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March 1, 2010 2:12 PM

Debevoise, Slaughter Lead on Mammoth AIG Deal

Posted by Zach Lowe

How big and complex of a deal is the $35.5 billion sale of AIG's Hong Kong-based Asian life insurance unit to the U.K. insurer Prudential P.L.C.? Big enough that Debevoise & Plimpton, AIG's lead counsel on the sale, rented an apartment in Hong Kong for John Vasily, the firm's lead partner on the matter, and flew Vasily in a six-day span late last month from New York to London to Hong Kong and back again to New York (with a stop, of course, in London) to close the deal. 

"The plane was the only place we slept," Vasily says, referring to himself and Andrew Borodach, the AIG in-houser (and former Debevoise associate) who traveled with him for much of the last-minute negotiations. 

And those negotiations were "tough," says Slaughter and May partner William Underhill, who led the firm's team serving as head counsel for Prudential on the deal. "We were dealing with AIG, and they were very tough negotiators," says Underhill. Under the final terms of the deal, Prudential will pay about $25 billion in cash and the rest in stock, creating the likelihood that the U.S. government, which controls AIG and its Asian unit, will receive some stock in Prudential, according to The New York Times and lawyers on the deal.

AIG was pursuing two possible paths right up until the minute before the deal was done: The sale of the unit, American International Assurance (AIA), to Prudential, or an initial public offering that could have netted up to $20 billion, according to the NYT. The alternative of an IPO gave AIG some leverage, and it was able to convince Prudential to increase the size of its offer and agree to various closing conditions, according to the NYT and lawyers who worked on the deal.

Among the interested parties, of course, was the U.S. government, which owns a $16 billion stake in the unit under the terms of an arrangement first announced in June. In that deal, AIG and the Federal Reserve Bank of New York created a special purpose vehicle for AIA in order to prepare the unit for an initial public offering. The government took a controlling stake in AIA under the terms of that deal, which Weil, Gotshal & Manges negotiated for AIG. Davis Polk & Wardwell represented the New York Fed in that deal, and they reprised that role in the sale of AIA announced today. The firm declined to comment on the matter.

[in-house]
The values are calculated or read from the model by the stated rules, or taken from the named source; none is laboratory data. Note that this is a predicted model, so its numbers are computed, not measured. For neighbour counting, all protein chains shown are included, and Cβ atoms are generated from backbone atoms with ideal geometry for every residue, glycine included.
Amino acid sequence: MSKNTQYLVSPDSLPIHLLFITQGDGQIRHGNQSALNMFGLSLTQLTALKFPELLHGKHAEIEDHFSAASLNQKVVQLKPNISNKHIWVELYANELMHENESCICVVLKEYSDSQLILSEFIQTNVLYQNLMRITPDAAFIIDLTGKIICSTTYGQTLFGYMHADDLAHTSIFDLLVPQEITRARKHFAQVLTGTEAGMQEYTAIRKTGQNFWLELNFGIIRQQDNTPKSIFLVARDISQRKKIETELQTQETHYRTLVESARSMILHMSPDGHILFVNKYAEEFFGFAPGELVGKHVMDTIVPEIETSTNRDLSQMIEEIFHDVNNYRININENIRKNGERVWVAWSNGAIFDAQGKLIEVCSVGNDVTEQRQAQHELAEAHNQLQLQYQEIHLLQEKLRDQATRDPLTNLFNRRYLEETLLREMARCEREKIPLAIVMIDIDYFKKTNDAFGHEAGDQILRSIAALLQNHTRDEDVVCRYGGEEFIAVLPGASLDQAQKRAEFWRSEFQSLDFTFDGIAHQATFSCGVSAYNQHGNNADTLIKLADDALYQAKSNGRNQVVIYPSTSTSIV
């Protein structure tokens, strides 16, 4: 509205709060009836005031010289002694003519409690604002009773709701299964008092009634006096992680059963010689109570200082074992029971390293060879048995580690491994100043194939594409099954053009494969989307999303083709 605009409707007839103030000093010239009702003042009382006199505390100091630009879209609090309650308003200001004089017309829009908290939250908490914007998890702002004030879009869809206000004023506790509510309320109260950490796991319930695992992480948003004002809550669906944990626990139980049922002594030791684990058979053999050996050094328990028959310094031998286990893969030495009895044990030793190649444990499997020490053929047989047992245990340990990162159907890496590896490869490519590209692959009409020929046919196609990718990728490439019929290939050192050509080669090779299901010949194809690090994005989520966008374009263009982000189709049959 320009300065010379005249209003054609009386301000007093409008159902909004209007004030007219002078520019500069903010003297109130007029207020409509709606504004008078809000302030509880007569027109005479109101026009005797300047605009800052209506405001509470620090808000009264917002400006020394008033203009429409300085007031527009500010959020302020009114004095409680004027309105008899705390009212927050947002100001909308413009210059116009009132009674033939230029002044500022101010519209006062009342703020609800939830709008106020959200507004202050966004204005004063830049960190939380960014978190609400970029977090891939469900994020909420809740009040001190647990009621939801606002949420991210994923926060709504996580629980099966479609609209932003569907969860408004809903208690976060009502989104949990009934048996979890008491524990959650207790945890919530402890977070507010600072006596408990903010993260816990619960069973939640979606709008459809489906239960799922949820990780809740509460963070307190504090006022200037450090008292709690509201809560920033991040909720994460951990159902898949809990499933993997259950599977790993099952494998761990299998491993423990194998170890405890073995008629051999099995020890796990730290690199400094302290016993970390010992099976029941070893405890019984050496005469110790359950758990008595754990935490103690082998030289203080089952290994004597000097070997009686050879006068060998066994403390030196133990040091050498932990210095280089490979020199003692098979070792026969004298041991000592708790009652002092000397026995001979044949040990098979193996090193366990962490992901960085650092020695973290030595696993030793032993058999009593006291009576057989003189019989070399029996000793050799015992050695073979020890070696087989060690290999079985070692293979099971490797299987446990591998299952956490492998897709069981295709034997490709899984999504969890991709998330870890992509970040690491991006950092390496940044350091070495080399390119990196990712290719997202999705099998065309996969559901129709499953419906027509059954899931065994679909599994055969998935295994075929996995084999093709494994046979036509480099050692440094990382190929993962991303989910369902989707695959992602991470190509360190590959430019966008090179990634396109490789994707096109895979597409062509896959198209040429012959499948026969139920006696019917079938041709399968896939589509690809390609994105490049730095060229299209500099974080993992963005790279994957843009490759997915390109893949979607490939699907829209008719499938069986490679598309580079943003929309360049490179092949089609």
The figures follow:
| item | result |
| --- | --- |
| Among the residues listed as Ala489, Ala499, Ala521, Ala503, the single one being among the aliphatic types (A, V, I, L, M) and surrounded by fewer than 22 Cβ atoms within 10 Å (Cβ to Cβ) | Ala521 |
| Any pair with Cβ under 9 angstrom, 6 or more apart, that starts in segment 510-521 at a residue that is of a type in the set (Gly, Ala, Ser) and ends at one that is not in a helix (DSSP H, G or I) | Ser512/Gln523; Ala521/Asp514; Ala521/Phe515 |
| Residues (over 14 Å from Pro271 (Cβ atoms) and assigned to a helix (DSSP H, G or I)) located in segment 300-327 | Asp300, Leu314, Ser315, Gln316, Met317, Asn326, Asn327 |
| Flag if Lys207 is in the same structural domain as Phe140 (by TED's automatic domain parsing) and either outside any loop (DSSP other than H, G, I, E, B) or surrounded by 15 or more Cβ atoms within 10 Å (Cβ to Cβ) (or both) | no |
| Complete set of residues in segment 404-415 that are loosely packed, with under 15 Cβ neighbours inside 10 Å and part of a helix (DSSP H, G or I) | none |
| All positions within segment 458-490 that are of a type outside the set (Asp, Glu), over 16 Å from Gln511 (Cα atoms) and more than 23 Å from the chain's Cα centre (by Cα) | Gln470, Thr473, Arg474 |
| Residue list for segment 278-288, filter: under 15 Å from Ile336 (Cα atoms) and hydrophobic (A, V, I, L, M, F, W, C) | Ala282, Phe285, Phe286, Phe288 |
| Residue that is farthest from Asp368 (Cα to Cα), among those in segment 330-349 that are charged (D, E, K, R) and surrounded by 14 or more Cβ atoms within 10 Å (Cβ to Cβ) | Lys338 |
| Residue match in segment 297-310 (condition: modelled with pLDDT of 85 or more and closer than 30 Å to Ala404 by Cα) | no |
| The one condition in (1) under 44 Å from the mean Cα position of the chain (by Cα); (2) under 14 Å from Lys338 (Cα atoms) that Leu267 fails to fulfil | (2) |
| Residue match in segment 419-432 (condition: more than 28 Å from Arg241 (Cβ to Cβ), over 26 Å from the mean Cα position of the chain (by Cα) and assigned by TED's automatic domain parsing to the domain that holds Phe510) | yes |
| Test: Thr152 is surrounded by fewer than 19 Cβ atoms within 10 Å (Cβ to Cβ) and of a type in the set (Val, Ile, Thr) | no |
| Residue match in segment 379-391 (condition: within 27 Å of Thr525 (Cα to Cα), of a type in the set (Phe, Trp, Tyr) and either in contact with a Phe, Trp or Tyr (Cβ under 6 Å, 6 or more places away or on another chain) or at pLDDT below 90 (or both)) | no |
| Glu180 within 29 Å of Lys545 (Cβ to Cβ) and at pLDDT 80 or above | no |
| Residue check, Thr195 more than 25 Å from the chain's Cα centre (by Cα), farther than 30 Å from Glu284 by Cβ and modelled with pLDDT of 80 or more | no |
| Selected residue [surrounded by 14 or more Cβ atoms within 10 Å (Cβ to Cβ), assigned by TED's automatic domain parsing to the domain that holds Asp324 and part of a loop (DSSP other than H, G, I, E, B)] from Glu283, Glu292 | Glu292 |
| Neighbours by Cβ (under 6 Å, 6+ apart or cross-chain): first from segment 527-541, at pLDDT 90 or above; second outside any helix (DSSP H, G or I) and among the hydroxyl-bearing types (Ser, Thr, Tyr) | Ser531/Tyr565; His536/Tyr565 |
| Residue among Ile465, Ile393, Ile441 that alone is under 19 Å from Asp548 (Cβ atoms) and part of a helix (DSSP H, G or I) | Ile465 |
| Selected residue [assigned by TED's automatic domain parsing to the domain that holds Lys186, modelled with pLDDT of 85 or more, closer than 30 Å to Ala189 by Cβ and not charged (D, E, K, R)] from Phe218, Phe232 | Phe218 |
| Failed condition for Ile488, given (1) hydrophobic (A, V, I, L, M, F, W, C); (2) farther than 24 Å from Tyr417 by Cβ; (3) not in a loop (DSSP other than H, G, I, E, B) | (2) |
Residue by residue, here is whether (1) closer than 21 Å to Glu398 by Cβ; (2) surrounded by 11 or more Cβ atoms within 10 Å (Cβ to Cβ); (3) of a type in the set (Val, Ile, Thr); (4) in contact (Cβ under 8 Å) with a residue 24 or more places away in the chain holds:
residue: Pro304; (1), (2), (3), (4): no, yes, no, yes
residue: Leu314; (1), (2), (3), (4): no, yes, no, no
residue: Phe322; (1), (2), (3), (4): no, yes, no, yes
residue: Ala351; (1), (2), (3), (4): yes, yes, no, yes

The New York Fed will receive the first $16 billion in proceeds from the sale of AIA to Prudential, according to the NYT and lawyers working on the deal. One lawyer working on the matter tells us the government, as a controlling stakeholder in AIG and AIA, will end up owning some equity in Prudential. The possibility of the government acquiring stakes in other companies as a result of its interest in AIG has reportedly been among the issues holding up the sale of another AIG unit, the American Life Insurance Co. (known as Alico) to MetLife, according to Reuters Breakingviews.  Sullivan & Cromwell is advising AIG on the pending Alico sale to MetLife, according to two sources familiar with the matter. S&C has repeatedly declined to comment on the Alico deal. Like AIA, Alico currently is being held in a special purpose vehicle designed to isolate the company for either an IPO or a sale to a buyer such as MetLife, according to our prior reporting. 

The AIA deal will require regulatory approval from countries throughout Asia, with Hong Kong serving as the bellwether regulator in negotiations, Underhill says. 

Partners Andrew Bab and Jeremy Hill were on the Debevoise deal team along with Vasily. This is at least the fourth major deal on which Debevoise has advised AIG since the government rescued the insurer in late 2008. The firm also advised on the creation of the special purpose vehicles, the sale of AIG's asset management unit to a consortium of private equity firms, and the sale of AIG's Canadian life insurance business to the Bank of Montreal, as we have previously reported.

The Slaughter and May team also includes corporate partners Roland Turnill and Nilufer Von Bismarck, and finance parters Guy O'Keefe and Matthew Tobin, according to LegalWeek.

Cleary Gottlieb Steen & Hamilton provided U.S. counsel to Prudential, with partners Sebastian Sperber, Victor Kewkow, and Sung Kang leading the firm's team. Sperber and Lewkow did not immediately respond to requests for comment. 

Partners John Knight, Ethan James, and Mark Lehmkuhler led the Davis Polk team advising the New York Fed, the firm said.

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